In an effort to escape persecution and violence in her native country of Burma, Judith Par ’20 and her family escaped to India when she was still a child.
After facing bigotry as part of a minority group in Burma, Par and her family sought a better life—finding asylum in a refugee camp in New Delhi, India. Because her mother was ill, Par had to watch her younger siblings and could rarely attend CYO, a school within the camp that taught the alphabet and some basic Hindi. When Par was 12 years old, and her mother’s health improved, she started working to support the family. “It was tough for us financially, so I stopped going to CYO and worked until I got in the U.S. in 2013,” Par said.
Par felt lost when she first moved to New York. She worked hard to quickly made sense of a new language, culture and her academic coursework. Sitting in her high school classroom with a limited understanding of the English language, she focused on mastering the work—copying everything the teacher wrote on the board and spending hours at night translating the scribbled chalk lines word for word. “For the first two years of high school I only slept about three hours a night. I was determined to graduate from high school and go to college,” Par said.
In 2016, just three years after arriving in the U.S. for the first time, she enrolled in the criminal justice program at SUNY Potsdam. “As long as I can remember, I always wanted to become a police officer. My interest in law enforcement grew tremendously as I started my freshman year at SUNY Potsdam,” Par said.
She joined SUNY Potsdam’s Law Enforcement Training Institute and excelled academically, receiving the highest GPA of any cadet to ever graduate from the program. “I learned that being in law enforcement is my definite passion. I am a very hard worker and I always put 100 percent into everything I do,” she said. “I love everything about the police academy. Director Sonny Duquette is the best mentor and director you could ask for—I learned so much from him.”
For her final paper in the police academy’s leadership development course, she discussed the importance of women working for law enforcement agencies. “I have a genuine interest in expanding the number of women in law enforcement. Many studies show that they are as capable as men—there should be no reason why women are underrepresented,” Par said.
The summer before her senior year, Par had the opportunity to visit London to study the British criminal justice system. During the seven-day trip she visited courts, attended hearings, and wrote a research paper comparing law enforcement in the U.S. to that of Great Britain. “I also went to the Supreme Court to listen to a presentation about the criminal justice system from a retired police officer—one of my favorite learning experiences. Shout out to Dr. David Bugg [associate professor of sociology and criminal justice at SUNY Potsdam] for organizing this trip for me. He is the best advisor you could ask for,” Par said.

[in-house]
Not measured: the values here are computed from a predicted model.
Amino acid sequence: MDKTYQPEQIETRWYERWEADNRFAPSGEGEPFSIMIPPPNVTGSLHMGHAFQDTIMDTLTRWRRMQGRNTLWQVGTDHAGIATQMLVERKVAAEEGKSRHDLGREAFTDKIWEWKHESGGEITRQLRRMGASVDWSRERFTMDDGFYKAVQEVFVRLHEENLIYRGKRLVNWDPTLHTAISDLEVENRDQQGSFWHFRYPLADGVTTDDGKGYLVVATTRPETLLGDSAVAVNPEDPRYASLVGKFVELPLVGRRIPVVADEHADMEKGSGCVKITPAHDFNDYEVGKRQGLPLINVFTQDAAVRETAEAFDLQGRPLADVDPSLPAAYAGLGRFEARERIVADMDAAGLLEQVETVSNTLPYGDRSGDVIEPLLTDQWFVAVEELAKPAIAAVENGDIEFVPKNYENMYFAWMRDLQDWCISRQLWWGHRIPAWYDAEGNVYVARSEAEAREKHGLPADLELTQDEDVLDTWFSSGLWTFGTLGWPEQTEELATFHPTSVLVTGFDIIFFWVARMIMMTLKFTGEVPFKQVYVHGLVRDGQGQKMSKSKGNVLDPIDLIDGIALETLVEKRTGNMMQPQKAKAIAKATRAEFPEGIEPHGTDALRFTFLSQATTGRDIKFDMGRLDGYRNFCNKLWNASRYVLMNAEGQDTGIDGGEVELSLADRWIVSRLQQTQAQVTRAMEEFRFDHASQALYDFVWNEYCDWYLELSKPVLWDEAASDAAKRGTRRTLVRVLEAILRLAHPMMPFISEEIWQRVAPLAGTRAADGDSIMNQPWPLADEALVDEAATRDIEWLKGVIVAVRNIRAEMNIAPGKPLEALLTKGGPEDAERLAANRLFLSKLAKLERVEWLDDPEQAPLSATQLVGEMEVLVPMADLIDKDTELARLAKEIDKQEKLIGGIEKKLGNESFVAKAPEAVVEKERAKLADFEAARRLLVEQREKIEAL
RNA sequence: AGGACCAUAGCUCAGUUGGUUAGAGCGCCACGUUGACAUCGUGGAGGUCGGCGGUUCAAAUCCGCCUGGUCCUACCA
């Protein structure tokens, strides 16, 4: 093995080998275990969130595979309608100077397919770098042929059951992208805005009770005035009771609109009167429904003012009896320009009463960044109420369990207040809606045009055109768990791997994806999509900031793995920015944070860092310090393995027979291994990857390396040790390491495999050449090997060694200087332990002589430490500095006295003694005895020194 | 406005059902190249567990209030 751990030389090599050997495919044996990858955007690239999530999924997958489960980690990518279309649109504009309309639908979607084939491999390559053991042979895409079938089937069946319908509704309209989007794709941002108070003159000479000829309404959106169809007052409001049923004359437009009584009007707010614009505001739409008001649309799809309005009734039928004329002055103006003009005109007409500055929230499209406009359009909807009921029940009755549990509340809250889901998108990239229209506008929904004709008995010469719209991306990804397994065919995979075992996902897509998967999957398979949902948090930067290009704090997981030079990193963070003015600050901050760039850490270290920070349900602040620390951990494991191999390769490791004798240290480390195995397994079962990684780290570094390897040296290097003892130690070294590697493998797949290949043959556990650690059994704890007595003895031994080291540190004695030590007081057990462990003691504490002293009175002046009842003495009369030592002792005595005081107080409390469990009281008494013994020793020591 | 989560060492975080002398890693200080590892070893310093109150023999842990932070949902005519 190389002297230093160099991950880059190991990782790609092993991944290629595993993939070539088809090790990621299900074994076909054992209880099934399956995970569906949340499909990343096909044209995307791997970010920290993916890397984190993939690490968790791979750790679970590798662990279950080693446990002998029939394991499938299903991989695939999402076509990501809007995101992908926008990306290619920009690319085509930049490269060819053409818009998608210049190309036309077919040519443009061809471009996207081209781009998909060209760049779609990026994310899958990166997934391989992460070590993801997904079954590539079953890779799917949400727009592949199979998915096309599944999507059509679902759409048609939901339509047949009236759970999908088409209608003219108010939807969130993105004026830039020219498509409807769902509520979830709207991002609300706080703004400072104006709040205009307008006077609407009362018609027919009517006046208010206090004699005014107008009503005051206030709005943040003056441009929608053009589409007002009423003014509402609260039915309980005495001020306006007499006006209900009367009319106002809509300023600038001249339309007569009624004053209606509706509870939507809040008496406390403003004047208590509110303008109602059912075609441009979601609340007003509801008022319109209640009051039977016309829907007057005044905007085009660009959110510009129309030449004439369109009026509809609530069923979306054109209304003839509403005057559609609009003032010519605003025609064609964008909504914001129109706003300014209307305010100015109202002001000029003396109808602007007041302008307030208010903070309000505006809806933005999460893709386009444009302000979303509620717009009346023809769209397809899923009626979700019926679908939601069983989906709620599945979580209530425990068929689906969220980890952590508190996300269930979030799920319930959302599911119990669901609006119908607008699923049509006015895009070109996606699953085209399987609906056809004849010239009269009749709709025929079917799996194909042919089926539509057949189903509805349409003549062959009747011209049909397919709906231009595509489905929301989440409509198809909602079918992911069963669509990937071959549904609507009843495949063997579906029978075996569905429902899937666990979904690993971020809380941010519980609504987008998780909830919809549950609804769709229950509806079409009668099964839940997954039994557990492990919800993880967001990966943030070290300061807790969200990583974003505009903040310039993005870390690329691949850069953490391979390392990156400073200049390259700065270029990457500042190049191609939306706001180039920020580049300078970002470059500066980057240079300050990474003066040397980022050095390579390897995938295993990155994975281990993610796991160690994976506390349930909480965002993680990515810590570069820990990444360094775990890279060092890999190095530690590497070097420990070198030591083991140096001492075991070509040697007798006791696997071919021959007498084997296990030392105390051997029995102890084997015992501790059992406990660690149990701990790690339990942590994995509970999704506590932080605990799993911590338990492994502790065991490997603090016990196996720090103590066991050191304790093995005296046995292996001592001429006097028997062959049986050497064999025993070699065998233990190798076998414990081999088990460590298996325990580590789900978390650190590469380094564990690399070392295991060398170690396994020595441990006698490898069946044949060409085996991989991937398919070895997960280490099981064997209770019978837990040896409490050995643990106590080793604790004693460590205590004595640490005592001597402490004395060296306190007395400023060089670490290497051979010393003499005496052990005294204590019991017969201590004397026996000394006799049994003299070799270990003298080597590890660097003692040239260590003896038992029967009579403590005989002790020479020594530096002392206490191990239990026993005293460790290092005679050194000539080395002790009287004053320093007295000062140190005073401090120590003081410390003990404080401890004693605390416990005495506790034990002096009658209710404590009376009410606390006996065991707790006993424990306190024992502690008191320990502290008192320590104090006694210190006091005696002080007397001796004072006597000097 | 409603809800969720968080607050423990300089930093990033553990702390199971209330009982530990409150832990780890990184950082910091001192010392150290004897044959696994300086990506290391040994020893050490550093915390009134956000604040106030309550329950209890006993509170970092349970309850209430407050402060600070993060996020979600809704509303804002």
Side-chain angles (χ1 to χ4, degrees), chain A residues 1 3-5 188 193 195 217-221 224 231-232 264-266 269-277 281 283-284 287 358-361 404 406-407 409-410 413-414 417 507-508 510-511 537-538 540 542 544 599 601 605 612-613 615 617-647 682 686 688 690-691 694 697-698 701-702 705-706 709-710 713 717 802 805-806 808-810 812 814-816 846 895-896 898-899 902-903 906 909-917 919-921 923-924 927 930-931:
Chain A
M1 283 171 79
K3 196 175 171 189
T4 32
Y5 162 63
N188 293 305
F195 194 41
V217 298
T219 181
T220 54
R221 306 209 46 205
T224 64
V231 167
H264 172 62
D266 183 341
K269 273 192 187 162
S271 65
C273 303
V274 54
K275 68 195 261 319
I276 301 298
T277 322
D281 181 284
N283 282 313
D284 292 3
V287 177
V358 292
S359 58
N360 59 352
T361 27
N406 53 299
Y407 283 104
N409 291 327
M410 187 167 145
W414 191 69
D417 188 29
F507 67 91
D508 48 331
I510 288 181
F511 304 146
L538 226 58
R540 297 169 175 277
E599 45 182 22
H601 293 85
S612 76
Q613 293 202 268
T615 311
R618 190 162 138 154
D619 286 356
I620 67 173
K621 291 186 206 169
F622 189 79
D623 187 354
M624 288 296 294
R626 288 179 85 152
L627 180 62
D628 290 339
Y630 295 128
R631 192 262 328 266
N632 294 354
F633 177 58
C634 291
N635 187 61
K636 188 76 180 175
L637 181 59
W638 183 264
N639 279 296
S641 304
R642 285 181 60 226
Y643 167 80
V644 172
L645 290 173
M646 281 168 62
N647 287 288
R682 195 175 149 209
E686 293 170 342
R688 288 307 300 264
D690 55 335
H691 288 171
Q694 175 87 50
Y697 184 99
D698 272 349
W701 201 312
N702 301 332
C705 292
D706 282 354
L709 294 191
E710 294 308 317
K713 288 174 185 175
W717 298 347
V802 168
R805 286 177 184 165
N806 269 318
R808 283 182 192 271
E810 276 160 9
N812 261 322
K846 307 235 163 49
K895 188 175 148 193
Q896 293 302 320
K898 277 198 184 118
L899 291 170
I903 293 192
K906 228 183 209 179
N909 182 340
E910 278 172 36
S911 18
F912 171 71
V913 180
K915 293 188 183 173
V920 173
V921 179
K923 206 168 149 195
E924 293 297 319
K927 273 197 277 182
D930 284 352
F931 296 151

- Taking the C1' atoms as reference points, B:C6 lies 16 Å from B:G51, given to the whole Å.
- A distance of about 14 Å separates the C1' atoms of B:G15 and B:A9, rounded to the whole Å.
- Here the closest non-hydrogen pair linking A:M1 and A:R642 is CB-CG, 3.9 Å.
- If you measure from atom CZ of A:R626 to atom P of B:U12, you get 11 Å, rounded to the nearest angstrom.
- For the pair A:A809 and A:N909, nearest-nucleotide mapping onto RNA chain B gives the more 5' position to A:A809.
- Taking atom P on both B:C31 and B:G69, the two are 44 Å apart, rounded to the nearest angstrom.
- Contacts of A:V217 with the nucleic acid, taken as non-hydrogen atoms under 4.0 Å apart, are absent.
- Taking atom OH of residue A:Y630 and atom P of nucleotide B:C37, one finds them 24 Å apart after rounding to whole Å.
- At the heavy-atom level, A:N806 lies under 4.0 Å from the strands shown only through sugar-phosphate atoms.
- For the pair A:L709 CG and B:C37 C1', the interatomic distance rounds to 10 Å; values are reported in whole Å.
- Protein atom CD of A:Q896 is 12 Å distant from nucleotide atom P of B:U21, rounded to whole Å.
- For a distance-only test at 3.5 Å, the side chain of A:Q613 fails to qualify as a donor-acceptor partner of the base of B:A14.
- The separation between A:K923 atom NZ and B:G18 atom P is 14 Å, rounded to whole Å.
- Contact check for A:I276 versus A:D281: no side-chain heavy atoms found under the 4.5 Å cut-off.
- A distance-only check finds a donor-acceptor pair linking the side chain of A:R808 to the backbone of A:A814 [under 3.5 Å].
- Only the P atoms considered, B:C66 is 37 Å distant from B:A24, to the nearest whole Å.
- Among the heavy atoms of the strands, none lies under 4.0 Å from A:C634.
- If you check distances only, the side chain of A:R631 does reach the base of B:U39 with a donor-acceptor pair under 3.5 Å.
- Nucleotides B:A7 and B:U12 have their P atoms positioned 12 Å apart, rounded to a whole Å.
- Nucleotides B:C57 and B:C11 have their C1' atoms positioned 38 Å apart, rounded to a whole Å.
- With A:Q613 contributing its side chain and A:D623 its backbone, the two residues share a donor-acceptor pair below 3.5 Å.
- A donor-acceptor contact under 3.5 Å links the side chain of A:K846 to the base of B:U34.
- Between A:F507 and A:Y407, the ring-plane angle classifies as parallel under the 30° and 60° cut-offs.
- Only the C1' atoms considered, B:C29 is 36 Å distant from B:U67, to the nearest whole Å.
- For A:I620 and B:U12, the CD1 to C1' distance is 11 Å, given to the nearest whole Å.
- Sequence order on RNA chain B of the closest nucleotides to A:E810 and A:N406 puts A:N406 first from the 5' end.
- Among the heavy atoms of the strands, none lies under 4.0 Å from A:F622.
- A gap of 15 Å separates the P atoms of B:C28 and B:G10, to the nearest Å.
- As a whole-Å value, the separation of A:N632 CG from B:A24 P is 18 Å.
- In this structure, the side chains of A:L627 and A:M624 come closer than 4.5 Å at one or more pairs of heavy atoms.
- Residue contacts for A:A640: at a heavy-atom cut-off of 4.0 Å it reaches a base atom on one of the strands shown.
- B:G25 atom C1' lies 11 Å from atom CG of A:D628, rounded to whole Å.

Bugg was one of Par’s most influential professors. He helped organize her trip to England and set up an entire independent study course for her built around the trip. “Judith is one of the most motivated and hard-working students I have ever taught,” Bugg said. “She challenges herself constantly, finding new opportunities to expand her education, from engaging in travel abroad, to the police academy, to being an honors student. She excels at nearly everything she does. Judith is kind, considerate, respectful, and genuinely funny.”
After taking a chemistry class with Dr. Clifford Rossiter, she saw chemistry in a whole new light. “I was prepared to fail when my advisor told me that I needed one chemistry class to graduate. Dr. Rossiter taught the course, and he made it so interesting. I ended up with a 4.0 GPA in that class. I decided to minor in chemistry, and I am now planning to do my master’s in forensic science,” she said.
On top of the challenges of her academic life, she was faced with added responsibilities at home. “I had to take care of my family—paying bills and helping my younger sibling with schoolwork because my mother does not speak English,” Par said. “I lived in the dorm, but I had to be back home at least once every two weeks. I have four little siblings, and I wasn’t able to be involved in clubs and organization as much as I would have liked.”
Despite those commitments, she found time for several groups on campus, including Intervarsity Christian Fellowship (IV). “I was raised a Christian and going to church and getting together to worship is important to me. That’s what IV provided me with, and it made me feel like I was home,” Par said. She also joined Emerging Leaders, a program focused on leadership development. “Emerging leaders is the best organization ever. I meet many friends who are very supportive and encouraging.”
Par graduated in May and is looking toward her future. She has been studying for the GRE, taking civil service examinations, and will be applying for graduate school later this summer. Par will also been working as a census taker. “I was supposed to take my GRE by now, but due to the coronavirus it was canceled twice. I am hoping to go to Syracuse University since it is close to my home,” Par said. “At the same time, I am also taking the civil service exam to become a police officer. My dream job is to become an FBI agent.”
For more information about the Department of Sociology and Criminal Justice, visit: https://www.potsdam.edu/academics/AAS/depts/socio
Article by Jason Hunter